I had a lovely outing this past weekend with a friend, so I thought I would share.
We met for dinner in Chinatown and had a lovely time there. Soft shelled crabs, spring rolls, my standard beef and broccoli and some shrimp-stuffed tofu in black bean sauce. I love how, in this particular restaurant, the bill arrives not only with the usual fortune cookie, but also with some fresh slices of orange. Ours was a little tart, but I think both of us liked it that way.
This time around, our fortunes were unremarkable, but the experience put me in mind of a fortune I had in that very restaurant some time ago, preserved in the photo album of my cell phone.
I, too, found it odd, and oddly amusing. This past Saturday, I shared that with my friend, but also with the chatty women who arrived at the table next to us and swooped in to take over our table as we left.
This wasn't the main goal of our evening. In fact, we were having dinner before going to the Monument National (a lovely theatre space that is home to the National Theatre School) for this year's production of the Atelier Lyrique of the Opéra de Montréal.
When I opted to include this evening in my opera season, I kind of expected something a little different. I expected some orderly excerpts from Rossini operas, perhaps with minor staging, but with some lovely performances from the up-and-coming singers who are involved in the Atelier Lyrique.
What we got was more staged and somewhat organized around a narrative, even if I didn't really get a good grasp of the narrative in the first act. I will start, however, but saying that I truly liked the staging and am ready to move in to the set anytime (is it odd that I keep thinking that about the opera sets I see?).
Act 1 takes place on a stormy night at Rossini's country home in Passy, France. He is dying and seeing spirits, but he is also his younger self working and making breakthroughs on his best operas. I have to confess that I wasn't following the narrative very well in the first act: I may have been too tired, but I was likely also a bit annoyed with the spirits part.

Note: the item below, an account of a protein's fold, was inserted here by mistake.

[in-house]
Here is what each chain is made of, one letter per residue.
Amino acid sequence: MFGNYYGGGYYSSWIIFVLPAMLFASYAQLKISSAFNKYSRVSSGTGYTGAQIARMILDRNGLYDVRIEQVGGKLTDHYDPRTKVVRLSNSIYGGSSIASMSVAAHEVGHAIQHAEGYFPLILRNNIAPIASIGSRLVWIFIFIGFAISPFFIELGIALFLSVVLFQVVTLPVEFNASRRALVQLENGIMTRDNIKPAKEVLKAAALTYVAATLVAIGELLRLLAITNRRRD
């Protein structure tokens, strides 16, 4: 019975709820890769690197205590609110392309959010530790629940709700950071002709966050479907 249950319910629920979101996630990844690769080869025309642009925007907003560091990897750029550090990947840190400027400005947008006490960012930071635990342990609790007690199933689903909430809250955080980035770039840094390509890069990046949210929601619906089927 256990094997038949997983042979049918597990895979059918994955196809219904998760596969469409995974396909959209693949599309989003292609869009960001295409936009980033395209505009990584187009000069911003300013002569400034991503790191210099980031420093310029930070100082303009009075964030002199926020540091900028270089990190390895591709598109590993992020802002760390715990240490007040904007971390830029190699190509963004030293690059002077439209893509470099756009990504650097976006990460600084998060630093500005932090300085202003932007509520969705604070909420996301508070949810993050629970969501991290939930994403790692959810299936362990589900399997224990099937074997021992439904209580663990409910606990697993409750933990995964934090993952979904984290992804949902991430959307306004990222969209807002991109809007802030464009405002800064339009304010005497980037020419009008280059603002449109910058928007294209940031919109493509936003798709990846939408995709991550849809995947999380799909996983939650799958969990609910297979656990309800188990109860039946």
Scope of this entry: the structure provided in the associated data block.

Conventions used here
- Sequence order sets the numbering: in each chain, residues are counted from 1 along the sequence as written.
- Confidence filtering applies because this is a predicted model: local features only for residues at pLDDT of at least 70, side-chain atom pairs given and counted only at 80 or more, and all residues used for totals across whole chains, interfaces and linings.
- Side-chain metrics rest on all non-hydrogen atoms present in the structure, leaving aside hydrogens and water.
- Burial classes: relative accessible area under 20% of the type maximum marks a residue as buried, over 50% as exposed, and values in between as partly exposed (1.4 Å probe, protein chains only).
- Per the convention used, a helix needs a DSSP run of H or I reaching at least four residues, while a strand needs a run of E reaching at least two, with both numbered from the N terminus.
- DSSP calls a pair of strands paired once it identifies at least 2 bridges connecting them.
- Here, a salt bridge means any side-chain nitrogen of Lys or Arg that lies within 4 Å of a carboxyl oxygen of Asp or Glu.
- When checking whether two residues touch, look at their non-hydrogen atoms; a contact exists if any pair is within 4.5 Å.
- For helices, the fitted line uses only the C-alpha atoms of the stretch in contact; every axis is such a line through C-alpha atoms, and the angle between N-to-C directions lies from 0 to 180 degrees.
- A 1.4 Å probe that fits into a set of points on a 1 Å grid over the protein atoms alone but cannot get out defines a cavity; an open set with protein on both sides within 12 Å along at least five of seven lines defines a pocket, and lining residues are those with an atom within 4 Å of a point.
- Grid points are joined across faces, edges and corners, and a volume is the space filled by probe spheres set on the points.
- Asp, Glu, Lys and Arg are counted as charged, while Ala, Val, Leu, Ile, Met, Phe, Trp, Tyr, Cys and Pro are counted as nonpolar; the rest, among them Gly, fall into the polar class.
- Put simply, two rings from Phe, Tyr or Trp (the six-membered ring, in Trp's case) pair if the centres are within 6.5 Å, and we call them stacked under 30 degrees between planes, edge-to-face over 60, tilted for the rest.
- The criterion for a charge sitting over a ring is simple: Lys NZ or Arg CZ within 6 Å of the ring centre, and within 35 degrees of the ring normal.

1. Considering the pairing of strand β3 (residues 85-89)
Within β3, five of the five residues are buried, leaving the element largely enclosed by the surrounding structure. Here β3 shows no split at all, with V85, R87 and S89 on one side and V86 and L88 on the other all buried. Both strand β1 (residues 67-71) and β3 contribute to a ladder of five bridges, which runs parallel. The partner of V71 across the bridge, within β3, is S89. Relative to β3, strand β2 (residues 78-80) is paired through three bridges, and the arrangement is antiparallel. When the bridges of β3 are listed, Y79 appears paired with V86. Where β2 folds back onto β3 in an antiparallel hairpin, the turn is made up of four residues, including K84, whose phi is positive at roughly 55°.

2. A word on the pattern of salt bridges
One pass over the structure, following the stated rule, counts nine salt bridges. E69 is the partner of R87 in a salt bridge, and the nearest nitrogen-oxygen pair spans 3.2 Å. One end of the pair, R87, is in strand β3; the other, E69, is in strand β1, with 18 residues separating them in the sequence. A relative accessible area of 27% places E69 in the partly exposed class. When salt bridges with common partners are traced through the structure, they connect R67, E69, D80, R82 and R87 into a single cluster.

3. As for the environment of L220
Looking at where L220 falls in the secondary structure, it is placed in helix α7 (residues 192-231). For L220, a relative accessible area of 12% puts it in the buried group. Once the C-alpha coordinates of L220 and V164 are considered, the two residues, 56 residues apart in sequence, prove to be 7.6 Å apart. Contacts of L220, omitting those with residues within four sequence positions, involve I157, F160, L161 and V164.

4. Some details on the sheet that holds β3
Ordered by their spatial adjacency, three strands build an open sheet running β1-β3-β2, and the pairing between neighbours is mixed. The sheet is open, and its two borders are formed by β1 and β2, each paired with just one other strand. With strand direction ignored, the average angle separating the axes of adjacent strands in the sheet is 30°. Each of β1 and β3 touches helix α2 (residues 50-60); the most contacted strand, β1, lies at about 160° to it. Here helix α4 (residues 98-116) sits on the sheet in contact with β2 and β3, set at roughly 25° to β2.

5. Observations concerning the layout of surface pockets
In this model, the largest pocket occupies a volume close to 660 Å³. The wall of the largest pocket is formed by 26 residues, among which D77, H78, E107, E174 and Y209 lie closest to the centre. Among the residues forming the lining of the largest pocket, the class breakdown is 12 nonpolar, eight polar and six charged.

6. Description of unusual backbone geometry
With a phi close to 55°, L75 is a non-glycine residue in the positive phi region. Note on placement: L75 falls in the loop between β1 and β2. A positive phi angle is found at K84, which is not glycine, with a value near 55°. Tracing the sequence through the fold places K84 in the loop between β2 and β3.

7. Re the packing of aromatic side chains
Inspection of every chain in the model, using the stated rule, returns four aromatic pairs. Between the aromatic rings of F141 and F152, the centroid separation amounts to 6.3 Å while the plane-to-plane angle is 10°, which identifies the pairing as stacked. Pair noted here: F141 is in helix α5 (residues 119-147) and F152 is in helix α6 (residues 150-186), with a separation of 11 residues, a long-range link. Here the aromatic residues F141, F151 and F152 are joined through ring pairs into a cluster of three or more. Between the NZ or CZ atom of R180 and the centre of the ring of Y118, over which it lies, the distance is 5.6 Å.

Act 2 was a gem. An innkeeper in Paris is readying a magnificent feast for Rossini, who is scheduled to arrive that evening. Yes, another stormy night. When someone comes to the door, it is not Rossini, but a group of four singers whose carriage has become mired in the mud. They are invited in and, when it becomes clear that Rossini will not make it ("He is never late for dinner!"), they are invited to stay for the feast, providing that they will sing for each course.
This second act had everything that I like about Italian opera: some very catchy and happy tunes, with lovely building duets, quartets and so on. At the end, we unfortunately return to the dying Rossini and his annoying spirits, but I have been sated by this point and am willing to let that slide.
If you're interested, the production plays again tonight (Oops! Too late!) and on 15 and 17 March. Check here for more information. This is the most affordable event of the opera season with the local opera stars of tomorrow.
Let me come full circle, though, and back to the cookie, or rather to the fortune that I found so odd, intriguing and somewhat saucy. I have yet to actually find a fortune that might guide me in my life choices, happening upon the "You would make a great lawyer" fortunes only after I had already resigned from the Bar.
I leave you instead with the fortune I found on the internet and not in a cookie, probably the most insightful I have ever seen.